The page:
Monday, May 28, 2012


In my continuing effort to read all the books in the anthology 1001 Children's Books You Must Read Before You Grow Up, I took home Fox, written by Margaret Wild and illustrated by Ron Brooks. I'd never heard of the book before but minutes after reading it, I can't get it out of my mind. I'm haunted by this book.

The story is simple about a magpie with a burnt wing that can't fly and a one-eyed dog who has trouble seeing. The two are the best of friends and protect each other. Each day the magpie sits on the dogs back while he runs so she can feel like she's flying and the dog has a second pair of eyes to see. "Fly Dog Fly! I will be your missing eye, and you will be my wings." It's a sweet friendship based on need and tenderness. When a fox arrives, the magpie is worried. And it becomes even more worrisome when the Fox tells the magpie to ride on his back to really feel like she's flying. Magpie resists for a time. She's loyal to Dog. But finally she gives in. Fox takes her for a long fast ride until he reaches the desert. I won't give you the ending. It was not something I was expecting. It's the reason I'm haunted by this book. I can't stop thinking about where and how the author ends the book. I loved this tale of sweet friendship and betrayal. And I can't shake it.

Ron Brooks' illustrations are rough and haunting as well. He uses multiple wispy lines to create the characters and the setting. Brooks hand lettered the book to give it a very primative feel. In fact the whol books seems like a folklore tale. An Aesop's story in vivid color. The colors are lovely. Brooks uses multiple media to create both his characters and the worlds they live in. The cave and the desert and the woods are represented with the same wispy lines but look distinctly different.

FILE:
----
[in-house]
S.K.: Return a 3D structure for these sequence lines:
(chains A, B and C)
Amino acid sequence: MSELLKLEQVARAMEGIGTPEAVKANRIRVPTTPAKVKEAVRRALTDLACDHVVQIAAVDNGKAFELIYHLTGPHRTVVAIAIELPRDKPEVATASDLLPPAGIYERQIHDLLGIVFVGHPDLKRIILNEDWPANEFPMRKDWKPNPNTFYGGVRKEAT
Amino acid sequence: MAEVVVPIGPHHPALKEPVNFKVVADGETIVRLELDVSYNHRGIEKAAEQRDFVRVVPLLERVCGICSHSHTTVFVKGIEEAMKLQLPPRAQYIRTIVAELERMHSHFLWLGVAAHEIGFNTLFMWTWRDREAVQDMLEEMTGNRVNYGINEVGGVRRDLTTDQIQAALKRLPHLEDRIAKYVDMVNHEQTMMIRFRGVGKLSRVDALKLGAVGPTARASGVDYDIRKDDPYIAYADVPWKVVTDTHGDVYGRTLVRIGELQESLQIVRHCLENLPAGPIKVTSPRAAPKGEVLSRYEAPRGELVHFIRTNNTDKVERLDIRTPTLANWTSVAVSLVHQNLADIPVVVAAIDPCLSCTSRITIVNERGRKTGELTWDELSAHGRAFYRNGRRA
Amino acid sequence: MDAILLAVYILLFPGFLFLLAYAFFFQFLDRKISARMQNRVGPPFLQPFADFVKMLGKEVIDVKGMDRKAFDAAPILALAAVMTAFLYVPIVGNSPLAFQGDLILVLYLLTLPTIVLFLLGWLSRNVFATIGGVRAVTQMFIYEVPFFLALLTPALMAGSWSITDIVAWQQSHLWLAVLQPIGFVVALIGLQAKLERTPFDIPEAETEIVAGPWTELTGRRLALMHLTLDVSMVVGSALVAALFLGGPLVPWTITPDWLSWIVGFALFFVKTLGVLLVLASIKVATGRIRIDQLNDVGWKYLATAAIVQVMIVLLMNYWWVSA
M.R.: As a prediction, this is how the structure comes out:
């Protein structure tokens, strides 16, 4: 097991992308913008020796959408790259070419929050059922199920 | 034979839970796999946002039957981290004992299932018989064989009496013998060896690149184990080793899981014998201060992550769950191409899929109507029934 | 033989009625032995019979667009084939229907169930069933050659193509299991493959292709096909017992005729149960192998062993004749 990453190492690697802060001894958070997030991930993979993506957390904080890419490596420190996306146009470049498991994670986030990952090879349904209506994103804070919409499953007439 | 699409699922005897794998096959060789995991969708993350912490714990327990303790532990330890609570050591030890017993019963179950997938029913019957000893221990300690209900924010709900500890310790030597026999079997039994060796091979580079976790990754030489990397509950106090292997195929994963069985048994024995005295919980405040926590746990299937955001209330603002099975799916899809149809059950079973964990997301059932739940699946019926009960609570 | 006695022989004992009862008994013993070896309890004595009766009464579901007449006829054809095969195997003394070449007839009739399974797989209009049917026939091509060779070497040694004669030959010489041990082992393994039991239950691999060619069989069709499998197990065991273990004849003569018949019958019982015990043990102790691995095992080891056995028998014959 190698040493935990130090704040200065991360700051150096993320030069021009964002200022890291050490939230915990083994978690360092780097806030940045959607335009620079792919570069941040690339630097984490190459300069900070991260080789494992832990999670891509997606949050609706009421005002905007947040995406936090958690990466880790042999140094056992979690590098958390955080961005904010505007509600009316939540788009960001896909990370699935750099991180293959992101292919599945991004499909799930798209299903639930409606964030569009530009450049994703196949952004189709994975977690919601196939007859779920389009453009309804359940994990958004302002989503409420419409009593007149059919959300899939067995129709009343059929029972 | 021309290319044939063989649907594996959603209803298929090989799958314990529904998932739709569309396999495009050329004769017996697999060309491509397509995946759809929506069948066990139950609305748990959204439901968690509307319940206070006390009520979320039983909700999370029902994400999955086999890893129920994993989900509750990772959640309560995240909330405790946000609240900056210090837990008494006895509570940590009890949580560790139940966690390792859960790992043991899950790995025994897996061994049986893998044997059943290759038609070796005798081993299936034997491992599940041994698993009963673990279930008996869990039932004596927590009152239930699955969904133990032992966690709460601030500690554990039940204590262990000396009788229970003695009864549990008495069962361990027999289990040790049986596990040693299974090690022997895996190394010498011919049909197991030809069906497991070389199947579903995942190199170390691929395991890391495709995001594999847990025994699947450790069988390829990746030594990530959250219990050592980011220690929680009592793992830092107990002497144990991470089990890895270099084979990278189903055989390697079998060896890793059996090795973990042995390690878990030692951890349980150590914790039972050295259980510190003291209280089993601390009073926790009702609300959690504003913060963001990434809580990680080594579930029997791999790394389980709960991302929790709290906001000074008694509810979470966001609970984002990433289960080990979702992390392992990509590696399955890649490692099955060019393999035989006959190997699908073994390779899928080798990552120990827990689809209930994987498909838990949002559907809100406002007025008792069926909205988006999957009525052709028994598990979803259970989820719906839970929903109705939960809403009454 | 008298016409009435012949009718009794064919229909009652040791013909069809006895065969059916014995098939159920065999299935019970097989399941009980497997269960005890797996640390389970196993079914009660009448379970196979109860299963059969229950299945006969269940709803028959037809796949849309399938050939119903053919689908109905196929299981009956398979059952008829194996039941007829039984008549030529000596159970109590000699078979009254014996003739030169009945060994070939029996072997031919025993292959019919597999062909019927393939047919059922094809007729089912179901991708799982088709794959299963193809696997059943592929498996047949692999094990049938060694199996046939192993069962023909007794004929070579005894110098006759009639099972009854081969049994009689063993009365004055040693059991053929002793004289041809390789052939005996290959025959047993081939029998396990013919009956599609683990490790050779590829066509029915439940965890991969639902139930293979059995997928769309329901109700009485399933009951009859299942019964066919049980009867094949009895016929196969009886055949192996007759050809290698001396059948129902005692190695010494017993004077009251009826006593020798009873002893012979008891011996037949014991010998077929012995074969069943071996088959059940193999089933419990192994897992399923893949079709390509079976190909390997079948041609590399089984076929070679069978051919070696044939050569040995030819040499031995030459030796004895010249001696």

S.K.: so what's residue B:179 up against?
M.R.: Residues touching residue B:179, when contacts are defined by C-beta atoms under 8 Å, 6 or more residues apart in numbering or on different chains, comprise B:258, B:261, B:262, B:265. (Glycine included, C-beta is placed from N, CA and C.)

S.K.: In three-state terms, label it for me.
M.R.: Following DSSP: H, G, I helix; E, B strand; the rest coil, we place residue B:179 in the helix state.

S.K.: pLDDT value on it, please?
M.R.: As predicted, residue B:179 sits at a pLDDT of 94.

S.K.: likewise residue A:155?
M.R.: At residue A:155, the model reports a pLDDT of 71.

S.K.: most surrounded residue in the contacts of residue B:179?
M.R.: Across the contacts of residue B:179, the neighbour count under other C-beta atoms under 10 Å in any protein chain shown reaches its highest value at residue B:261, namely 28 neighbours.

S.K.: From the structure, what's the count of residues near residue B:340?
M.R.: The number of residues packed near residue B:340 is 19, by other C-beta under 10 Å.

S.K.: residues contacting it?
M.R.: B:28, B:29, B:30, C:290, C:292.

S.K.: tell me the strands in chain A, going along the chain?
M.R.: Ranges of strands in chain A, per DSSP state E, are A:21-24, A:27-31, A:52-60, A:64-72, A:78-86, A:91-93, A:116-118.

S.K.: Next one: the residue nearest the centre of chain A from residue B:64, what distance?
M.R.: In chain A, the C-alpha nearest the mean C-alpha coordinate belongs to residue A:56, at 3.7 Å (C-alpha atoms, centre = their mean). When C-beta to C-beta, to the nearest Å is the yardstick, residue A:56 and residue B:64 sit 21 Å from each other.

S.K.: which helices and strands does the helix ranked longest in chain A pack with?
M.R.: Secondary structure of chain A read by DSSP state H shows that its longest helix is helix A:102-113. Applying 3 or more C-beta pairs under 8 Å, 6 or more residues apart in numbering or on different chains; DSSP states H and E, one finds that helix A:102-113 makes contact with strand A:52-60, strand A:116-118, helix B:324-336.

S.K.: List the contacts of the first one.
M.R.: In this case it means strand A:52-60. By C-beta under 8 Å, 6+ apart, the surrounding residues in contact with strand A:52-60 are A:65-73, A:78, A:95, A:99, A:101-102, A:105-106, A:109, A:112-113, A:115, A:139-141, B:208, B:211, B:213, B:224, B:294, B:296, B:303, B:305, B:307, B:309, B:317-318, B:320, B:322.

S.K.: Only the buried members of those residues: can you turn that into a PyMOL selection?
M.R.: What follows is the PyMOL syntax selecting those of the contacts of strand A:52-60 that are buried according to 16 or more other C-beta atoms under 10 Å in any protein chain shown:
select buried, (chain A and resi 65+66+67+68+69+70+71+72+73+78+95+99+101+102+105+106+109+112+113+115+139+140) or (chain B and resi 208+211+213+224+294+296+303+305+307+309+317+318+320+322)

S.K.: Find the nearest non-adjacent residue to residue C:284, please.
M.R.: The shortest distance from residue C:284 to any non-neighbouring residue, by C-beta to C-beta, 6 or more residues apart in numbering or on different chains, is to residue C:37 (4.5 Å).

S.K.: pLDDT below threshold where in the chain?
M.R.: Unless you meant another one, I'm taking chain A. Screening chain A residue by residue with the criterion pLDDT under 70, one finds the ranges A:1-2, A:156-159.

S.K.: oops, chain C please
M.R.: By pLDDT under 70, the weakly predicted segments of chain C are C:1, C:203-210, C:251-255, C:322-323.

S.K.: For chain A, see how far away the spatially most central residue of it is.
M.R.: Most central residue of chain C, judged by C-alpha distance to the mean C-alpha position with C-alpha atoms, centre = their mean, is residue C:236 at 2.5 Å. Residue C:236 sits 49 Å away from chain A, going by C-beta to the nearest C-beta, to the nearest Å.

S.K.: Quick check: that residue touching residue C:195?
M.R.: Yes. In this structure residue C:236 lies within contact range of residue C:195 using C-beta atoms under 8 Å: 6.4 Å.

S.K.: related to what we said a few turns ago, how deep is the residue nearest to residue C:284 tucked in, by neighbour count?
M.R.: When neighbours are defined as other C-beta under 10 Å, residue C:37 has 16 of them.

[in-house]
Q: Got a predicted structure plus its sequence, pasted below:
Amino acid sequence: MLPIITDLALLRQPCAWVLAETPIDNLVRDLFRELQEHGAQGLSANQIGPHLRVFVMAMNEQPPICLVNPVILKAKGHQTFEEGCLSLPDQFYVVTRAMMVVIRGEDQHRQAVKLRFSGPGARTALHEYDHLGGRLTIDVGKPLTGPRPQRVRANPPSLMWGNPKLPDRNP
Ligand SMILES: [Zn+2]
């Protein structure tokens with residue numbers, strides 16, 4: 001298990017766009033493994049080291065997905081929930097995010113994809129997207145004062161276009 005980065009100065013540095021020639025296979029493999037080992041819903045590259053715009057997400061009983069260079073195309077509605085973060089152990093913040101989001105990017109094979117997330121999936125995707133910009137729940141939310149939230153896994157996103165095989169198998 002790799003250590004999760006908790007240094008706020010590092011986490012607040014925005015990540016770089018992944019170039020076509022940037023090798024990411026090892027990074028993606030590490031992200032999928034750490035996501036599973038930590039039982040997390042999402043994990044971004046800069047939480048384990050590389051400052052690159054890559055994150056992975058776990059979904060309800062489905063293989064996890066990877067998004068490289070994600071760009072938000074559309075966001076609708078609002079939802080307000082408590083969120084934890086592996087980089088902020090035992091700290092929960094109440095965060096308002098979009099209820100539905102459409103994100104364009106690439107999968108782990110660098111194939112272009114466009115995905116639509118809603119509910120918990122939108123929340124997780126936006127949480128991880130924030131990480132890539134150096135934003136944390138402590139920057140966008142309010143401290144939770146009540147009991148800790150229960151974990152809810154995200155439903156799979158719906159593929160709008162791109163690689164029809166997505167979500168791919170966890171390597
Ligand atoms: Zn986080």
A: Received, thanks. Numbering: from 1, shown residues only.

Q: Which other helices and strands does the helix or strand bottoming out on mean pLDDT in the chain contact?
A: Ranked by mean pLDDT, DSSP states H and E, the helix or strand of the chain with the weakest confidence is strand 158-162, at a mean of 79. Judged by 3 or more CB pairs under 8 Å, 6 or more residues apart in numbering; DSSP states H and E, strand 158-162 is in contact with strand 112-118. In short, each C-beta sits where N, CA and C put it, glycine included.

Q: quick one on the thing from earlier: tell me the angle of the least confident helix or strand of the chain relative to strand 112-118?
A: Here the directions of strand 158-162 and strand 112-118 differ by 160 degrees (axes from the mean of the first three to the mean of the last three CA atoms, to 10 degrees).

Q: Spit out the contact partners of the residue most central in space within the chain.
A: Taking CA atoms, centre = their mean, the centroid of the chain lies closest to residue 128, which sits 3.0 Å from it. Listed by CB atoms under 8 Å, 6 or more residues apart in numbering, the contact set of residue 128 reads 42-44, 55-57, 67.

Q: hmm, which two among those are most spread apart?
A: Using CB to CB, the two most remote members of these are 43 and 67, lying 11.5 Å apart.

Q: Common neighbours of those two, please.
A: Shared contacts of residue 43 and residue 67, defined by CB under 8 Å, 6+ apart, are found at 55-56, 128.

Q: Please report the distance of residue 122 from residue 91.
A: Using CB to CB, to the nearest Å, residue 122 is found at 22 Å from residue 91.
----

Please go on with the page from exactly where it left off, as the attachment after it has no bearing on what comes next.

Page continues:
I've read several books since reading Fox and although there are many that I've wanted to write about, this story pushed it's way to the top. It's not the kind of story that I typically like although the friendship is wonderfully rendered. I loved Dog, loyal Dog with his one white sightless eye. He is presented as quintessential dog. But this story would have been something that I'd read and considered done if it wasn't for the ending. I'm haunted by it. I can't stop thinking about Magpie and Dog. And for me that is why this book is powerful. It's one of the more powerful picture books I've read in a while.

Wednesday, February 8, 2012

John, Paul, George, and...Ben

I'm sure I've mentioned before how much I love Lane Smith's work. I fell in love with Lane's work at The True Story of the Three Little Pigs, his first collaboration with Jon Scieszka. Since then I've read and looked at everything that Lane Smith has done. I own most of his books and I love almost everyone. But John, Paul, George, and Ben has a special place in my heart. I giggle every time I read it. I laugh out loud repeatedly. I love the history, both pretend and real. And I love the characters.

This is really the story of John, Paul, George, Ben, and Tom. John Hancock, Paul Revere, George Washington, Benjamin Franklin, and Thomas Jefferson, that is. All the men who had a role in forming the United States. Lane imagines them as boys and shows off how their early personalities affected their later contributions. He looks at each of the men separately, mixing historical facts with invented stories. While the facts are fun, it's what Lane invents that makes this book. For example, Paul Revere used to be in the bell ringers chorus (before they invented fun, Lane comments) and because of the loud bells, he can't hear himself talk anymore. So he yells. As a store clerk in his father's store, the yelling does not go well (You need extra extra large underwear?). As a rider warning about the British attack, the yelling makes him a hero. The yelling is all invented. And is giggle inducing. And the stories just get better from there. Ben Franklin has to be my favorite (but I'll save that for you to find).

Lane Smith's illustration work is what got him his start. And he's on top of his game here. Mixing formal portraits with gross caricature, he creates a book that's both zany and beautiful. He makes the background paint look cracked to give the book an aged feel. The muted colors look faded. But the characters are what make the book. George Washington (looking a bit like Charlie Brown) has oddly cracked teeth in reference to his later need for dentures. Paul Revere has his famous tri-corner hat and a huge mouth that is always wide open. Ben doesn't yet have his famous spectacles but he's instantly identifiable. The artwork is perfect. The stories are funny and the book makes me happy. Lane even provides a section at the end with historical facts about each figure and lays to bed some of the popular myths. So I could even say it was educational as well.